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Looking at the status of recent Title IX lawsuits against Brown

Brown currently faces Title IX-related allegations in eight active lawsuits

<p>In Soenen et al. v. Brown, the plaintiffs initially sought financial compensation for every female student attending the University from 2018 to 2021. </p>

In Soenen et al. v. Brown, the plaintiffs initially sought financial compensation for every female student attending the University from 2018 to 2021. 

Since 2021, the University has faced three major lawsuits concerning its Title IX policies and procedures. 

The first of these lawsuits, filed in August 2021, is now being heard across seven different cases. The second, filed in March 2022, was dismissed within three months. The most recent case, filed in September 2022, is continuing through court proceedings. 

Below are historical timelines and recent developments regarding the three lawsuits. 

Soenen et al. v. Brown


On Aug. 6, 2021, four Brown students  — Chloe Burns ’19, Taja Hirata-Epstein ’20, Carter Woodruff ’22 and Katiana Soenen — filed a class action lawsuit against the University, The Herald previously reported. The four alleged that Brown both neglected to protect students from sexual harassment and abuse.The lawsuit also claims the plaintiffs were discouraged or prevented by University employees from reporting sexual misconduct and that their filed complaints were neglected and poorly investigated. 

In their initial complaint, the plaintiffs sought financial compensation for every female student attending the University from 2018 to 2021.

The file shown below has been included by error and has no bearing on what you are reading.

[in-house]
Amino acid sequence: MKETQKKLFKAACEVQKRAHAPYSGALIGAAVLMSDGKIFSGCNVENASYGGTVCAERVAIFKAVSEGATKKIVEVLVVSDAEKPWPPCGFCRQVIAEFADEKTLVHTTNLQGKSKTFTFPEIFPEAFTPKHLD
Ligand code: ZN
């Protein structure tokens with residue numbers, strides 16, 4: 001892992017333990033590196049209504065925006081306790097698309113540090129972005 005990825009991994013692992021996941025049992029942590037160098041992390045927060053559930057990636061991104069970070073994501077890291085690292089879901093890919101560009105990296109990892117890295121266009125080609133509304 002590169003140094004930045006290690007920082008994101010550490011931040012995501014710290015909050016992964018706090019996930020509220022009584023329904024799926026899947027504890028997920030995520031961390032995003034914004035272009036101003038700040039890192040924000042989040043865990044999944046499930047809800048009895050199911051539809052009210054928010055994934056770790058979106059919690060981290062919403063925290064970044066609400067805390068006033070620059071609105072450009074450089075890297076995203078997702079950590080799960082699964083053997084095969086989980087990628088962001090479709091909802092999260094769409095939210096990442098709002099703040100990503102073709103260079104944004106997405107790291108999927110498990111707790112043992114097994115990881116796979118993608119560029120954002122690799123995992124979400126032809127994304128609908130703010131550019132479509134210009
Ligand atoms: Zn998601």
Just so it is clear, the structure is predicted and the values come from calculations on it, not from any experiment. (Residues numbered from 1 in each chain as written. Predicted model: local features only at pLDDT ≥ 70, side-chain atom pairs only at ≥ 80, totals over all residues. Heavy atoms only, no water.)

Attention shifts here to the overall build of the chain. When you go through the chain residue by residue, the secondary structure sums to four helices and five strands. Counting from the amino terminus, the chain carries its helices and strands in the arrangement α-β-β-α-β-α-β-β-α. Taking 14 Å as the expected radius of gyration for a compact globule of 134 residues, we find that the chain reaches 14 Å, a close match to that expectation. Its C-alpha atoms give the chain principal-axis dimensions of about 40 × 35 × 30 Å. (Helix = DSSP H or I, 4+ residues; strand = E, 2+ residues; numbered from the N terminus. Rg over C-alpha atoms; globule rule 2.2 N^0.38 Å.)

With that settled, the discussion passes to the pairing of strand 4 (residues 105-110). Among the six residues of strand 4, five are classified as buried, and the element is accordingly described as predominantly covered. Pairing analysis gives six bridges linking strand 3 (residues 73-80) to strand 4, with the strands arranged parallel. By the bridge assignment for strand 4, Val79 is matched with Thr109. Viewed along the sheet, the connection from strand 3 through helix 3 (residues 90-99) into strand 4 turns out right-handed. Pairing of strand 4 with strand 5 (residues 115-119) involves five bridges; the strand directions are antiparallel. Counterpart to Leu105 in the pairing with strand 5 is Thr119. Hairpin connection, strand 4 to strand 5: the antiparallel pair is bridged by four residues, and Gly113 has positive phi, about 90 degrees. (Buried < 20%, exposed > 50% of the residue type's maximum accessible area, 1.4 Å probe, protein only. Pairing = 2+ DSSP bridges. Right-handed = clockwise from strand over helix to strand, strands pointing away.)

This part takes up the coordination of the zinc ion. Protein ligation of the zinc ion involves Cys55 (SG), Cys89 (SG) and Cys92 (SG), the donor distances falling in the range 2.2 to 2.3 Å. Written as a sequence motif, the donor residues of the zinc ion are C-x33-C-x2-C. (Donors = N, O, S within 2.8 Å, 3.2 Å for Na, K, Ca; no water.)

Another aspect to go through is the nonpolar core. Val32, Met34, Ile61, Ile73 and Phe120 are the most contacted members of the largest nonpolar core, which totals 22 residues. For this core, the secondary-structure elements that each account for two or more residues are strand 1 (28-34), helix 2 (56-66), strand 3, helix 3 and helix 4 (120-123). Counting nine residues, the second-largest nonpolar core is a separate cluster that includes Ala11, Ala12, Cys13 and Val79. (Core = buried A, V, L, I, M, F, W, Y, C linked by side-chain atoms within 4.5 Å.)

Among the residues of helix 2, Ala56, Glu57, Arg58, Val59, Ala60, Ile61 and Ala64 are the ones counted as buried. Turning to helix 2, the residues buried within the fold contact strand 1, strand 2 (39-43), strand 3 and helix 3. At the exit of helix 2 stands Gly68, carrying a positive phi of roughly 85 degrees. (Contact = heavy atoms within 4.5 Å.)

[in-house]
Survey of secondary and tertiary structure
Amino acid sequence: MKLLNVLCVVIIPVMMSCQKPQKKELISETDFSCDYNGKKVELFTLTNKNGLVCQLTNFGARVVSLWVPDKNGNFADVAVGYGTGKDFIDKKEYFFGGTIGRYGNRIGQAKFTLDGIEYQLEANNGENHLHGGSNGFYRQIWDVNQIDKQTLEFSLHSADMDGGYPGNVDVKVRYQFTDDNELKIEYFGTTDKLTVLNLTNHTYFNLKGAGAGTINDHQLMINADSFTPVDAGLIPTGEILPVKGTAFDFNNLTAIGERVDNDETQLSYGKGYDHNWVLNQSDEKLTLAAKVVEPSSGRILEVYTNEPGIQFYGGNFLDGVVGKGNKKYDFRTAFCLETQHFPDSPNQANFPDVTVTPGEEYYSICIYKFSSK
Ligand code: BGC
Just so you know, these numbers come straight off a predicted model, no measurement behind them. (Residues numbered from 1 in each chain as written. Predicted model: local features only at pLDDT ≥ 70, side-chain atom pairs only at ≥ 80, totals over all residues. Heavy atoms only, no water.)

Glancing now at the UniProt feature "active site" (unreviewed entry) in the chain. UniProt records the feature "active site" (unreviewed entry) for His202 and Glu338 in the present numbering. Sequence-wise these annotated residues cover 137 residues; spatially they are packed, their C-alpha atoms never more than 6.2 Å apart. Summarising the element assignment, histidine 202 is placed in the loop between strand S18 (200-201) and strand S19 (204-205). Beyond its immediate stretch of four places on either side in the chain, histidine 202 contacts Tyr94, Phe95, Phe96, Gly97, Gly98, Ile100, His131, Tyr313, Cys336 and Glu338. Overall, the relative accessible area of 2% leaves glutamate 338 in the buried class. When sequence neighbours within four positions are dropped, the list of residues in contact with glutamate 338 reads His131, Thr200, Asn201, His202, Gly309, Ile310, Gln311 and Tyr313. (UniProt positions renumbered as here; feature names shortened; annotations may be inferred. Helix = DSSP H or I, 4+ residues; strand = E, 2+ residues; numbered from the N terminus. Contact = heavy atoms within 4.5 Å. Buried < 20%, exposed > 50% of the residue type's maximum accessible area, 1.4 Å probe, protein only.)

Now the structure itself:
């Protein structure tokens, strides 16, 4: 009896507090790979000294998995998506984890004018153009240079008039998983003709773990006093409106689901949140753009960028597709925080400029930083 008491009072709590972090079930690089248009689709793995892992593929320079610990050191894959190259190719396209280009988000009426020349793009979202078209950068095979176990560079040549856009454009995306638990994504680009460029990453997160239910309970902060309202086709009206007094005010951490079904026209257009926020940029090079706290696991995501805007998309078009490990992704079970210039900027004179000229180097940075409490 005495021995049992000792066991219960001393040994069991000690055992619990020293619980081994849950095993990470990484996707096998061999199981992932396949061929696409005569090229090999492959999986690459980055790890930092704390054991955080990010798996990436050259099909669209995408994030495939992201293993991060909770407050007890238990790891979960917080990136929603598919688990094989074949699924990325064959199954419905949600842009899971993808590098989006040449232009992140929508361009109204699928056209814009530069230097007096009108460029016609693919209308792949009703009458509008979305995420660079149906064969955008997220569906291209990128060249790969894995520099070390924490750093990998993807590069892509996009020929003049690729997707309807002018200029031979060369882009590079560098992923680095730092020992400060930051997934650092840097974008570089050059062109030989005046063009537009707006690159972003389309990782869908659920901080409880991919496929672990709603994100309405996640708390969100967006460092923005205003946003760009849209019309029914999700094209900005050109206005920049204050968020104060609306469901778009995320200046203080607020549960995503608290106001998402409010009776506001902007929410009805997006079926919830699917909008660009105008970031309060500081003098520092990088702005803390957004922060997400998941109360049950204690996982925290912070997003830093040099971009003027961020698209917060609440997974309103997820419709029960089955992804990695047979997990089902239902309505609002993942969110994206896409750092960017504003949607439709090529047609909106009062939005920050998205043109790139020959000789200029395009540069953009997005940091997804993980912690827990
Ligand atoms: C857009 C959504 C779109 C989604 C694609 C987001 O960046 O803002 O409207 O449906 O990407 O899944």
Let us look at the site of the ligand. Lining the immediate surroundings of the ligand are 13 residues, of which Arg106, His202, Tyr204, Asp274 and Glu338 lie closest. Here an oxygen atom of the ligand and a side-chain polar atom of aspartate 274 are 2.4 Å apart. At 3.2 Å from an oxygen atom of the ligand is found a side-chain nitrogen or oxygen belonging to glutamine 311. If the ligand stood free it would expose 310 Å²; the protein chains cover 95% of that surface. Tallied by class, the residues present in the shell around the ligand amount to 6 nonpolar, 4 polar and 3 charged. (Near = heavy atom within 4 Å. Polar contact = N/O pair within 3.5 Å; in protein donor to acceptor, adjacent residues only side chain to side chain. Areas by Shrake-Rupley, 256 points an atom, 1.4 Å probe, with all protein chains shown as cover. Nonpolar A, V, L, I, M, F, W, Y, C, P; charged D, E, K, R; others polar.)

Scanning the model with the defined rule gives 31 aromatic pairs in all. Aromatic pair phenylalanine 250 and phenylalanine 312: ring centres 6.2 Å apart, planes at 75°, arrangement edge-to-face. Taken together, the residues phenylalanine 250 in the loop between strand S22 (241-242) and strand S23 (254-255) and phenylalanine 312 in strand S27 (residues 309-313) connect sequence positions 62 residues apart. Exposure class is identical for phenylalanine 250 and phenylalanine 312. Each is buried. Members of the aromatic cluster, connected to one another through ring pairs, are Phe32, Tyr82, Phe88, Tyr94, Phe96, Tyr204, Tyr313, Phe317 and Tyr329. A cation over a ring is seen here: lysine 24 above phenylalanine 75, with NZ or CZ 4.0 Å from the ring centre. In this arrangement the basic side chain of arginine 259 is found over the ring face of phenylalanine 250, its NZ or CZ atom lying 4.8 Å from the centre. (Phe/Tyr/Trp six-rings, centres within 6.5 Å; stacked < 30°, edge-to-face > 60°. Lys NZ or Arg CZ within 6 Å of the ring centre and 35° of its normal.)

Three additional plaintiffs — an undergraduate and graduate student both using the pseudonym “Jane Doe” and Emma Dennis-Knieriem ’21 — joined the case in a January 2022 amended complaint,  while Woodruff departed from the case that April, The Herald previously reported.

On Oct. 18, the University’s motion to dismiss the case was partially granted — the case could no longer result in monetary relief for all female students, and the court dismissed all of Burns’ claims. But the claims that Brown’s Title IX Office had mishandled the plaintiffs' cases remained on the table, with the potential for an injunction requiring the University to change its harassment policies.

In January, Brown filed a motion to sever — calling for the court to break the joint lawsuit into individual cases. In their response to Brown’s motion, the plaintiffs claimed that the request indicated a “fundamental misunderstanding of plaintiffs’ allegations,” according to court filings. The plaintiffs pointed to court findings that the lawsuit was focused on the Title IX Office’s wider alleged failures, not the details of their individual cases.

On Jan. 27, Brown’s motion to sever was granted by the court — ordering that all five remaining plaintiffs be assigned separate cases, which were all filed in February. The court decision allowed the two unnamed plaintiffs to also remain in a joint lawsuit, for a total of six cases.

Burns filed a new complaint against the University Feb. 28, making Brown a defendant in seven total cases branching from the initial complaint.

Lane v. Brown 

On March 2, 2022, a student under the pseudonym Lois Lane filed a lawsuit against the University and a pseudonymous defendant Jane Roe alleging anti-transgender discrimination and failure to follow Title IX procedures, The Herald previously reported.